Alexander Skarsgard’s ‘Northman’ Training Diet Plan Explained

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Of all the images from Robert Eggers’ Viking epic ‘The Northman’, there is no sight more breathtaking than that of Alexander Skarsgård’s domed traps. The actor’s shoulders look like two protruding volcanoes ready to erupt. Skarsgård’s muscles are a testament to his work with Magnus Lygdback, the famed trainer who helped the actor bulk up 20 pounds of muscle and transform into the hulking Viking warrior prince Amleth.

Lygdback, who first worked with Skarsgård on the 2016 adventure film ‘The Legend of Tarzan’, is both an exercise trainer and a movement coach. Movie buffs may know Lygdback’s work best from M. Night Shyamalan’s “Glass,” starring James McAvoy as a man with 24 different personalities. McAvoy’s disturbing body contortions were the result of his work with Lygdback, which also helped Skarsgård learn how to shape his body so that his trapezius muscles were bulging and defined. Lygdback calls this “postural manipulation”.

“This character, his spirit animals were a bear and a wolf. So that’s exactly what we were trying to embody in terms of Alex’s build and movements,” Lygdback said in an interview with Variety. “The wolf is really nimble, and then you’re bear-sized in this Viking. You can just look at him and be scared. It was [the elevator pitch] for what we were trying to achieve [with Alex’s transformation].”

Alexander Skarsgård in training on the set of ‘The Northman’
Aidan Monaghan

Lygdback and Skarsgård’s workout schedule included six gym sessions per week (one per day) for the three months leading up to the original production start date of “The Northman” in March 2020. COVID postponed the start date of the film to September, so the duo’s six-day-a-week schedule resumed for another three months in June. Skarsgård spent the intervening months in confinement in Stockholm, where he reduced his weekly training sessions to three or four a week. Anyone watching “The Northman” would be forgiven for assuming that Skarsgård spent several hours at the gym each day. In reality, Lygdback workouts only lasted an hour.

“You see it all the time in interviews where an actor says, ‘I practiced several hours a day. That’s not necessarily true,” Lygdback said. “They were moving maybe four hours a day, say, but the actual gym session? I never train my clients for more than an hour because what doesn’t happen the first hour won’t happen the second hour at the gym. All you do after the first hour is just start breaking down your body. So one hour a day, six days a week. During filming, five days a week.

Lygdback described Skarsgård’s “Northman” exercise routine as “a hybrid between plyometric training and old-school bodybuilding philosophy”. The trainer used free weights and resistance bands, with the latter used during the first 10 minutes of each workout to activate Skarsgård’s shoulders and glutes. Lygdback initiated bear crawling drills to help prepare Skarsgård for climbing stunts, and also incorporated throwing drills since “The Northman” includes spear and ax scenes.

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Alexander Skarsgård in training on the set of ‘The Northman’
Aidan Monaghan

“We knew Alex was going to move a lot, from running to axes, so we paid a lot of attention to the shoulders and hips,” Lygdback said when asked about the focus areas of Alex’s body. Skarsgard. “I did a lot of warm ups with bands for his shoulders and hips and then that was followed by some pretty intense strength training. It was a four-day split, which means you work different muscles each day and then cover the whole body in four days. Then you start over.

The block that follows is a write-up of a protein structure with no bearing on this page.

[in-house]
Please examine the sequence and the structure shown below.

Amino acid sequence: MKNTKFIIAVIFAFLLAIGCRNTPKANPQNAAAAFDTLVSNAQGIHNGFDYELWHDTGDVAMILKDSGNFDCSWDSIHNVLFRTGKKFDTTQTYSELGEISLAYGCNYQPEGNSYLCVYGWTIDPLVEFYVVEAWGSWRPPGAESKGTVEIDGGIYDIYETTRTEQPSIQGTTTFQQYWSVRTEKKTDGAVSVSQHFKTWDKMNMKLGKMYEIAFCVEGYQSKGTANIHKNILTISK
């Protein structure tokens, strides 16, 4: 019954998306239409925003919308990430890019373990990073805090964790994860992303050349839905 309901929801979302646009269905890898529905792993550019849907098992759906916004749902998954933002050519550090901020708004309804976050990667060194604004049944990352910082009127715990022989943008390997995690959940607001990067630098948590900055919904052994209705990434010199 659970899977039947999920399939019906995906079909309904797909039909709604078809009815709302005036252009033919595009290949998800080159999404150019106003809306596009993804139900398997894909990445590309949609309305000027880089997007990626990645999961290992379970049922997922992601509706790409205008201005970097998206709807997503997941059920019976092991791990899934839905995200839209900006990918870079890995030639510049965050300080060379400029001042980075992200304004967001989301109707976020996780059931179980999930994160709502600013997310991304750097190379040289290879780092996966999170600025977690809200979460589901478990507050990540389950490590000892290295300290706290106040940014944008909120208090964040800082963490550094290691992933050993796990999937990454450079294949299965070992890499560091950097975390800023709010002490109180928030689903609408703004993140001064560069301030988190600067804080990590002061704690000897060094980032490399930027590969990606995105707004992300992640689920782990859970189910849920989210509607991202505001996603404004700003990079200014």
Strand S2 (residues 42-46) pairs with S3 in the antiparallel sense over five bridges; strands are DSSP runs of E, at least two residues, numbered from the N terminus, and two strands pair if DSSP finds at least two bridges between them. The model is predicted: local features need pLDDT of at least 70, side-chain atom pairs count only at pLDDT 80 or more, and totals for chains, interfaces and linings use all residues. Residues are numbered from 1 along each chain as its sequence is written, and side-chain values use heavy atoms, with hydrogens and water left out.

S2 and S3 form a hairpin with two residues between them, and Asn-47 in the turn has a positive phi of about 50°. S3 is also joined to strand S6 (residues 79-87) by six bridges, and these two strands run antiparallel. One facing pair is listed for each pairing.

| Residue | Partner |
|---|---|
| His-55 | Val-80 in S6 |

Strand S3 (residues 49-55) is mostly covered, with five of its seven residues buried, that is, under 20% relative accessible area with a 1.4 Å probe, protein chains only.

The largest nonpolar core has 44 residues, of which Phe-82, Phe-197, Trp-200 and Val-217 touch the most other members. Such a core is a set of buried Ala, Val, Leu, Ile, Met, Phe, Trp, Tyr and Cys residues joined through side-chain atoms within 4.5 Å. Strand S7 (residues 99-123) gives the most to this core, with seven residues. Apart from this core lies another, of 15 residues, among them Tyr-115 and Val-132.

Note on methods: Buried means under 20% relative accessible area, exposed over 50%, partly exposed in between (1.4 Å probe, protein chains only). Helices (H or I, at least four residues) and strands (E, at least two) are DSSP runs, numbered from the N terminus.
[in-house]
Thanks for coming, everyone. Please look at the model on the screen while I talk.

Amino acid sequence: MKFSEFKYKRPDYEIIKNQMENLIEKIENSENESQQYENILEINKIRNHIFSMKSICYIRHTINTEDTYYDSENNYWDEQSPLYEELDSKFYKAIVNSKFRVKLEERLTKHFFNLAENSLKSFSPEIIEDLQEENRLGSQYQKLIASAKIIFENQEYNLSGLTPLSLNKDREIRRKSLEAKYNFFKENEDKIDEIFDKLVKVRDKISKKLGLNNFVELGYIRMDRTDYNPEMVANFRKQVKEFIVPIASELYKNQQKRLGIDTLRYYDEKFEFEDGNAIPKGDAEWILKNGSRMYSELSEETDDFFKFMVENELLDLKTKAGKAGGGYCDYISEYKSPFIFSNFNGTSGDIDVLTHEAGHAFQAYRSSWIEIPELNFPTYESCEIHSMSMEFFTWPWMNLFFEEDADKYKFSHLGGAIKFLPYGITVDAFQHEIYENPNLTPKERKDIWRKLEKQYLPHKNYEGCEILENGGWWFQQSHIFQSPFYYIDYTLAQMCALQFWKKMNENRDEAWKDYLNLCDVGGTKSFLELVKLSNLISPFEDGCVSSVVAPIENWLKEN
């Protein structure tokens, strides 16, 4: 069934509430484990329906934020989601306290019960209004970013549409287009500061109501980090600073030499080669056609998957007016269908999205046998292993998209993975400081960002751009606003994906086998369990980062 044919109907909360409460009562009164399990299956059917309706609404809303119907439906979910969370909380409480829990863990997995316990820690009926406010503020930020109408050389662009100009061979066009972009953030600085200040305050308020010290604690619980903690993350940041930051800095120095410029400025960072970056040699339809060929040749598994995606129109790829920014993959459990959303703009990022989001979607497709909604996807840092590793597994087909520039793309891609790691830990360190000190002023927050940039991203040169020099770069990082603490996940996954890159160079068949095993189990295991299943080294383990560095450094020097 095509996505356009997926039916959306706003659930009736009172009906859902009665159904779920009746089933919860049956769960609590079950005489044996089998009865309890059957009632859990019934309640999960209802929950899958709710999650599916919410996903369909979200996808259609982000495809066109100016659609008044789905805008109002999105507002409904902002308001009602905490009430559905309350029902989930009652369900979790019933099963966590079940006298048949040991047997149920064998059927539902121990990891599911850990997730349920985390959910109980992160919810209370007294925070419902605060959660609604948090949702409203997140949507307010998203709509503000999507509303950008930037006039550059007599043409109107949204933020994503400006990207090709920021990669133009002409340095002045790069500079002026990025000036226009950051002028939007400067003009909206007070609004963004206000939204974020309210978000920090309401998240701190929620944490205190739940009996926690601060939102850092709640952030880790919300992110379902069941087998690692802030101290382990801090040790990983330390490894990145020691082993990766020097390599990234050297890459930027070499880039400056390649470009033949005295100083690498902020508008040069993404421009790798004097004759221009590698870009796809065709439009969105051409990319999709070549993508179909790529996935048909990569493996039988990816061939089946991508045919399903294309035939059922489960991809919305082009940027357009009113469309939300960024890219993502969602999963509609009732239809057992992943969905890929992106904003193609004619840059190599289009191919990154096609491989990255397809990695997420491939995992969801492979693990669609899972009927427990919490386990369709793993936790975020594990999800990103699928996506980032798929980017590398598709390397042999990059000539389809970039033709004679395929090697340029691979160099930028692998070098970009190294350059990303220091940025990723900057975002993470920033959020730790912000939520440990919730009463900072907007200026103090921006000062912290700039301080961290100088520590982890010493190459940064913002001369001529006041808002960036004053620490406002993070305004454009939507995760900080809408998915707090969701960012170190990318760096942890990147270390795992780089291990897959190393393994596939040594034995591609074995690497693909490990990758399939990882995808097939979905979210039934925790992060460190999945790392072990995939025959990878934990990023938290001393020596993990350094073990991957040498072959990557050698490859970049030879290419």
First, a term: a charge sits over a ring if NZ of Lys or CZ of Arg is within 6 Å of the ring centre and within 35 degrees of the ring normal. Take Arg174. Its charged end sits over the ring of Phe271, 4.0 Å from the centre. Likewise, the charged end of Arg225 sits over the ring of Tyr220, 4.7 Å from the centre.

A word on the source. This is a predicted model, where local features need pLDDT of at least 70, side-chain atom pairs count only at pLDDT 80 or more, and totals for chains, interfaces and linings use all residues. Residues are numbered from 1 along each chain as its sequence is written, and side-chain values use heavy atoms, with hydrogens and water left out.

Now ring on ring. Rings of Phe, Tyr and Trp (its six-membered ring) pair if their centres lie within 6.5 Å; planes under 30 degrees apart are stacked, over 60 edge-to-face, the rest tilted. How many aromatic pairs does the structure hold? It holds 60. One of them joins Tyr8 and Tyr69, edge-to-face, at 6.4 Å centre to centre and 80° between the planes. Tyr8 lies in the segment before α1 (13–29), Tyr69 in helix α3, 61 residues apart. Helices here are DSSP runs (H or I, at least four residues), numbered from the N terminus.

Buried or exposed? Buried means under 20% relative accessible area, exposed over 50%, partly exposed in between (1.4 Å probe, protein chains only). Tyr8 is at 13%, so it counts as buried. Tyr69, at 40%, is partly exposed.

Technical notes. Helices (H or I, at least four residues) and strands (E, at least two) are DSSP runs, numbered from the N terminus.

Lygdback also organized Skarsgård’s diet, which included consuming around 3,700 calories a day. Every day, the actor ate more calories than he burned in order to build maximum body mass. Skarsgård ate five times a day every 2-3 hours (“It will keep your energy and metabolism burning,” Lygdback said). The trainer’s rule of thumb for his clients is to “eat 17 out of 20 healthy meals in a four-day cycle.” Three meals are “gourmet meals” where you can eat whatever you want. A clean meal consists of a protein (chicken/fish/beef), a vegetable (spinach/asparagus/broccoli) and a slow carbohydrate or fat (quinoa/barley/rice or avocado/oil). ‘olive). Skarsgård followed this regimen during his three-month prep periods, as well as the six-month “Northman” filming schedule.

Skarsgård often chose fish as his favorite protein. The actor’s first meal of the day often consisted of four eggs for breakfast followed by a protein snack, which Lygdback says “could be anything from smoked fish salad to chicken or beef skewers”. Lunch would be one of the clean meals listed above (Skarsgård enjoyed salmon with asparagus), followed by another snack, then a similar clean dinner. Skarsgård sprinkled here and there with a protein shake, although a shake is not necessarily part of Lygdback’s training regimen.

Movie buffs interested in Skarsgård’s “The Northman” workout routine and diet can find Lygdback’s comprehensive nutrition guide, along with meal plans and a grocery list, at his app. Lygdback also has a Youtube channel, where he breaks down some of his celebrity workouts. The coach then turns his attention to Skarsgård’s “The Northman” co-star (and McAvoy’s “Glass” co-star) Anya Taylor-Joy, who is working with Lygdback on the preparation for “Furiosa.”

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Magnus Lygdback and actor Alexander Skarsgård on the set of Robert Eggers’ Viking epic ‘The Northman’
Aidan Monaghan

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Alexander Skarsgård with cast and crew on the set of ‘The Northman’
Aidan Monaghan


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